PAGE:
Changing Your Reading Habits Can Transform Your Health
Do you read? I mean do you read books and if so do you read frequently, funny question I know but once you have taken the time to read the story by Michael Grothaus in FastCompany magazine below you will hopefully realize that you should to do more reading for it might actually help to transform your health:
How Changing Your Reading Habits Can Transform Your Health
Reading doesn’t just improve your knowledge, it can help fight depression, make you more confident, empathetic, and a better decision maker.
My favorite book is War and Peace.
And I know what you’re thinking: “Oh, another writer wanting people to think he’s all intellectual and highbrow.”
But it really is my favorite book, only not because it has 1,500 pages of unforgettable characters or a generational plot that is more compelling than that of any other book I’ve read. It’s because right before I started reading it, my life was in a rut. I had recently been passed over for a promotion at Apple and I had just been rejected by a graduate school I applied to. This double whammy left me doubting myself, my abilities, and my future. So when I came across the massive tome that is War and Peace, I thought, “Why not? I’m not doing anything else.”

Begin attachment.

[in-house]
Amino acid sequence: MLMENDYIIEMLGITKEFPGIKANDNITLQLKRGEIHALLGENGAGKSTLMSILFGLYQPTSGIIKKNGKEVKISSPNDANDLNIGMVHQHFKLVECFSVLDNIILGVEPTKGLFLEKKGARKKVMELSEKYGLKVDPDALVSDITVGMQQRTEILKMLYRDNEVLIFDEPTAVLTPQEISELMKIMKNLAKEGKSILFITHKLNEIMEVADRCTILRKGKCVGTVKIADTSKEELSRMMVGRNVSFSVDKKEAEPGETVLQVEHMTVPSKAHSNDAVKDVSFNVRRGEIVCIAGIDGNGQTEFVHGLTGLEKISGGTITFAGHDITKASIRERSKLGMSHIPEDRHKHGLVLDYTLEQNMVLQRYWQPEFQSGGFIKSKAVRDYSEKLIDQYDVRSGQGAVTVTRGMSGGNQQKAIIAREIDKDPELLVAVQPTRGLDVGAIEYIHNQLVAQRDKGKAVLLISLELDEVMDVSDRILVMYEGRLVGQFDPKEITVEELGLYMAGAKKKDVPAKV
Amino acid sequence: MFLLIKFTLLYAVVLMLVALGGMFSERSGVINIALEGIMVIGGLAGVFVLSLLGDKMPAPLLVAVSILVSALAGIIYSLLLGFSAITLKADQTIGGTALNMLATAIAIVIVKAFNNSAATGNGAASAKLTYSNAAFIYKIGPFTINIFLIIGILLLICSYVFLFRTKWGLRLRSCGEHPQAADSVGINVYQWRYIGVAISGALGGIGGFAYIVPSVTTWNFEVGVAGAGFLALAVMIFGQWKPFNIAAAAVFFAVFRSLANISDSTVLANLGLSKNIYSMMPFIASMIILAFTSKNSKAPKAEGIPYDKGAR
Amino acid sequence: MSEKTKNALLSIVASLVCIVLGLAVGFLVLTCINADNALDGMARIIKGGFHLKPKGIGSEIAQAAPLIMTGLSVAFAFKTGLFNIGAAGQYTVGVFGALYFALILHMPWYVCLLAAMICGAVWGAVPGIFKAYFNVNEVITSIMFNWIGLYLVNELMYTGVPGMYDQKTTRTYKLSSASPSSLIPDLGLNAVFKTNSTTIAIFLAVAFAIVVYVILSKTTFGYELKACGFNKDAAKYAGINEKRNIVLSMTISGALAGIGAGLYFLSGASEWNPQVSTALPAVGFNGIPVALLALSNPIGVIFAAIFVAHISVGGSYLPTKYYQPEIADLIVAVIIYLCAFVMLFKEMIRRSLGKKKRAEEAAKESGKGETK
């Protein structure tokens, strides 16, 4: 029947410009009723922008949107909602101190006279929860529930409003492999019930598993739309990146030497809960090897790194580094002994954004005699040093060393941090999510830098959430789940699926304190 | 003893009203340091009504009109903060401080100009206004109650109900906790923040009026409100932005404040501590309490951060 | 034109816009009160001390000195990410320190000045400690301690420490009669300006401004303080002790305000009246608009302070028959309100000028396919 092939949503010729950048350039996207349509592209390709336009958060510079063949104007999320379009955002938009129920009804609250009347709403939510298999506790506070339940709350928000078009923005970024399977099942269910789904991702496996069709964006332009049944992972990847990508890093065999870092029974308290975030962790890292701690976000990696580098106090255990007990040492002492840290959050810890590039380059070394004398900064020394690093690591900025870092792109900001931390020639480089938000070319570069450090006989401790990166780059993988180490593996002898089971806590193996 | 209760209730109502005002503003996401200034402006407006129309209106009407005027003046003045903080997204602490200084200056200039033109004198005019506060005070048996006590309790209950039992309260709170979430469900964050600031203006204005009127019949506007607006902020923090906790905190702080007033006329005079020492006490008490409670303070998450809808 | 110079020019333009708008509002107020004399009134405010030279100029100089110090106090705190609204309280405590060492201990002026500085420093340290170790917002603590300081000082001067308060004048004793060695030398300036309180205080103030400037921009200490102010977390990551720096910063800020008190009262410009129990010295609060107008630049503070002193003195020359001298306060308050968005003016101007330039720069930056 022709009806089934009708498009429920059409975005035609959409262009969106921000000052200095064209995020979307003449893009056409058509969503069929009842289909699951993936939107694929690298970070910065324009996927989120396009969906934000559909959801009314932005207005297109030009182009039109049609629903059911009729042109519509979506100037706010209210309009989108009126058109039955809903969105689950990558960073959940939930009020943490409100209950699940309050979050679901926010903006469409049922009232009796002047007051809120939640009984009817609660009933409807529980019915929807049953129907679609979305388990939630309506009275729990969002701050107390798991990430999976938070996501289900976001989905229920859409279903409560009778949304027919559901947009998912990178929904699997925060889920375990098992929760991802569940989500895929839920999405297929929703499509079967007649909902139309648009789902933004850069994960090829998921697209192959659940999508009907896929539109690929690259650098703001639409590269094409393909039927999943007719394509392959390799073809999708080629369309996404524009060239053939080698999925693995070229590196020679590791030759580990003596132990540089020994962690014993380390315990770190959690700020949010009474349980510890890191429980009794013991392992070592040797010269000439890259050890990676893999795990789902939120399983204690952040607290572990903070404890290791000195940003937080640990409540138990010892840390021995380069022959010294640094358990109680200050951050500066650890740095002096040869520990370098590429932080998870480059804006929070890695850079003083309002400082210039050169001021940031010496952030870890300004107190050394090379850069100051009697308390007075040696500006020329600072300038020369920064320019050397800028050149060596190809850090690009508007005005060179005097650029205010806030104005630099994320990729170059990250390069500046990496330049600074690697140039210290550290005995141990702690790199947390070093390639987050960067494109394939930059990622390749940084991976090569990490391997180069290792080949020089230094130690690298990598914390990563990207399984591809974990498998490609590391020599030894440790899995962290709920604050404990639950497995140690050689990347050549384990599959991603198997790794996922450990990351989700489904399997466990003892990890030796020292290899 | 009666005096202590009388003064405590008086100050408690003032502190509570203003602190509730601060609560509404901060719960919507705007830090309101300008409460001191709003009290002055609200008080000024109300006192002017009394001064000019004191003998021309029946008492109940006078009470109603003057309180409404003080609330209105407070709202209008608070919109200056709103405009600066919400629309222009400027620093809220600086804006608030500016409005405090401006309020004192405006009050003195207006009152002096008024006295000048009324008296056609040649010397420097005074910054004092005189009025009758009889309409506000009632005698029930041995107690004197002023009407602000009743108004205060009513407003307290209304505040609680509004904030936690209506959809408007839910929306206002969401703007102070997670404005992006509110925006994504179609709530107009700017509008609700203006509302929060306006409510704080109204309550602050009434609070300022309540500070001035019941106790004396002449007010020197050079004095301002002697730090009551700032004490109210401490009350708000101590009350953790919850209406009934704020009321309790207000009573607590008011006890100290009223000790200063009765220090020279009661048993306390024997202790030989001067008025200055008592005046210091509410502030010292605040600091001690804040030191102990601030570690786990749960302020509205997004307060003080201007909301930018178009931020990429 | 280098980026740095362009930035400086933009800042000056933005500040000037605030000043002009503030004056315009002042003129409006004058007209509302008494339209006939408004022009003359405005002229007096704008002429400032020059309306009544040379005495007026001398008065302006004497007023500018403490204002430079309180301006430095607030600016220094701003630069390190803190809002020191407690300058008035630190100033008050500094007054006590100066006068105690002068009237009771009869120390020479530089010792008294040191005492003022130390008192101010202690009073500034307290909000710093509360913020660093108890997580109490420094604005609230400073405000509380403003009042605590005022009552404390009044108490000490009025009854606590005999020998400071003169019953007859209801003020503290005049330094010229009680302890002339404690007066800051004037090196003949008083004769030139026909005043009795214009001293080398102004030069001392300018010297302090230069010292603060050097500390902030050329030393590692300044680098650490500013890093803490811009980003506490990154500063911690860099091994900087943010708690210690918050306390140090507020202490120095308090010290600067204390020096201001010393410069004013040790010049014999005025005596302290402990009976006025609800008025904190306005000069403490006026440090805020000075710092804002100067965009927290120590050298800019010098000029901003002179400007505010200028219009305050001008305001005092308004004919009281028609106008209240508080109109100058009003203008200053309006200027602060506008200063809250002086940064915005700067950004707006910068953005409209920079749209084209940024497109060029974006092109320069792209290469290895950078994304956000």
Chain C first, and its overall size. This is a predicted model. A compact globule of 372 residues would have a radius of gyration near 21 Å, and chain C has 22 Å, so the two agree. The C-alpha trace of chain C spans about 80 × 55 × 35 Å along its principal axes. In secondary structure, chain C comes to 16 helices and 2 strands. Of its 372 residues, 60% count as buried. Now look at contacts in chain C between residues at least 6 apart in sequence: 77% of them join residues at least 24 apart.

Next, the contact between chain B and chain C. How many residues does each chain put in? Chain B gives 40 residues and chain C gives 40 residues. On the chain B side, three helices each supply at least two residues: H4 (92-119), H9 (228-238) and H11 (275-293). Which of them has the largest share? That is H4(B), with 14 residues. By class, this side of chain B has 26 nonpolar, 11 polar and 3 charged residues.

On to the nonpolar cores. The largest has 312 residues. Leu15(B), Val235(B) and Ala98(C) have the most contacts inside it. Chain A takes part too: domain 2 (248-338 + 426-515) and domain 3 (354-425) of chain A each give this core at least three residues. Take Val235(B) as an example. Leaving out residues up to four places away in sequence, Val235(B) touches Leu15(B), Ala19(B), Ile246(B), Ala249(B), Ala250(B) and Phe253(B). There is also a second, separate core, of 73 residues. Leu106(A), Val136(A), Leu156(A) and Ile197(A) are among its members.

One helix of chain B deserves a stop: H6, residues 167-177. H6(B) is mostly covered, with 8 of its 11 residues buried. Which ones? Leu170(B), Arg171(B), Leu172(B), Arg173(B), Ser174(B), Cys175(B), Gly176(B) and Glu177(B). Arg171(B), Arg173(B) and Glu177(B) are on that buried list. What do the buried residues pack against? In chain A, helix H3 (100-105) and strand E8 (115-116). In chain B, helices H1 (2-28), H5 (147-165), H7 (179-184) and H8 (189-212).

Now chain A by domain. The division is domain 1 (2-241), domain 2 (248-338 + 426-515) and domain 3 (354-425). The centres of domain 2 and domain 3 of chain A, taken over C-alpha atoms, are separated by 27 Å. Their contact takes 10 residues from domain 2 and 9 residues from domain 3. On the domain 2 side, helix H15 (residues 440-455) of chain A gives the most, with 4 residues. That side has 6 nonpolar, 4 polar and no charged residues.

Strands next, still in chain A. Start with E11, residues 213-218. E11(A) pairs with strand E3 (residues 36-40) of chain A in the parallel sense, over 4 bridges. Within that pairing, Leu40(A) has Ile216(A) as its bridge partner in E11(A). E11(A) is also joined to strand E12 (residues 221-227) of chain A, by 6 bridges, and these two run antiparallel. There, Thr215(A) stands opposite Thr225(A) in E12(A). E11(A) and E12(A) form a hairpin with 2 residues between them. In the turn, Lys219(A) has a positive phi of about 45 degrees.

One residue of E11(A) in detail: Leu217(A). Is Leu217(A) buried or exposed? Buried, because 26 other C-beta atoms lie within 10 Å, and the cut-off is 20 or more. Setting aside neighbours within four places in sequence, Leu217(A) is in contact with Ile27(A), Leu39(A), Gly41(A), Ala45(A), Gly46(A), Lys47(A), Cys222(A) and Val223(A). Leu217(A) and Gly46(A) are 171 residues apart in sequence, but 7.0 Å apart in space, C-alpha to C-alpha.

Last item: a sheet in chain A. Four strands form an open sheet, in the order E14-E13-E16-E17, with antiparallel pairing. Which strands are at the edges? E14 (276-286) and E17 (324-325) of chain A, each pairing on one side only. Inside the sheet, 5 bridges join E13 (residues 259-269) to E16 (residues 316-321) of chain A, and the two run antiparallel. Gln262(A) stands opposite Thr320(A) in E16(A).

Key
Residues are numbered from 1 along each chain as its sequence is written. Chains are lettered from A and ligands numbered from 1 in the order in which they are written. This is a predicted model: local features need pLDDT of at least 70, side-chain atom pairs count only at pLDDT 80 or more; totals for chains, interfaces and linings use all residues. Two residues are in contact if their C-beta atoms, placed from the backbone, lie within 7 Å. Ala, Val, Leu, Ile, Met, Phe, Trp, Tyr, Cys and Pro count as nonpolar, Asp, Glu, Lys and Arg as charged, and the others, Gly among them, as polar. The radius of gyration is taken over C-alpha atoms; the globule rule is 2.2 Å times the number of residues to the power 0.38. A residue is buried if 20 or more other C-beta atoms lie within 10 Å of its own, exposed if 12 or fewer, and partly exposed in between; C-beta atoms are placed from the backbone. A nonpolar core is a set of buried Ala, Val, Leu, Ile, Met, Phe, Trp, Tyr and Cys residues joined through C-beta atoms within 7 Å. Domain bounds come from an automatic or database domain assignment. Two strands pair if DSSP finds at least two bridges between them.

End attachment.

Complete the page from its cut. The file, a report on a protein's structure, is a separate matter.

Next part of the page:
“People who read find it easier to make decisions, plan, and prioritize.”
Two months later, I finished the book and immediately knew I had a new “favorite.” But it wasn’t my new favorite book just because it was so compelling. It was my new favorite because it changed something in me. It’s almost impossible to explain why, but after reading it I felt more confident in myself, less uncertain about my future. I became more assertive with my bosses. I got back on the horse, so to speak, and applied to three more graduate schools. I attended three interviews and got accepted to all three schools (without mentioning War and Peace at all). As weird as it sounds, reading War and Peace put me back in control of my life—and that’s why it’s my favorite book.
But according to Dr Josie Billington, deputy director of the Centre for Research into Reading at the University of Liverpool, my experience wasn’t so odd. It’s actually the norm for people who read a lot—and one of the main benefits of reading that most people don’t know about.
“Reading for pleasure can help prevent conditions such as stress, depression, and dementia.”
“Reading can offer richer, broader, and more complex models of experience, which enable people to view their own lives from a refreshed perspective and with renewed understanding,” says Billington. This renewed understanding gives readers a greater ability to cope with difficult situations by expanding their “repertoires and sense of possible avenues of action or attitude.”…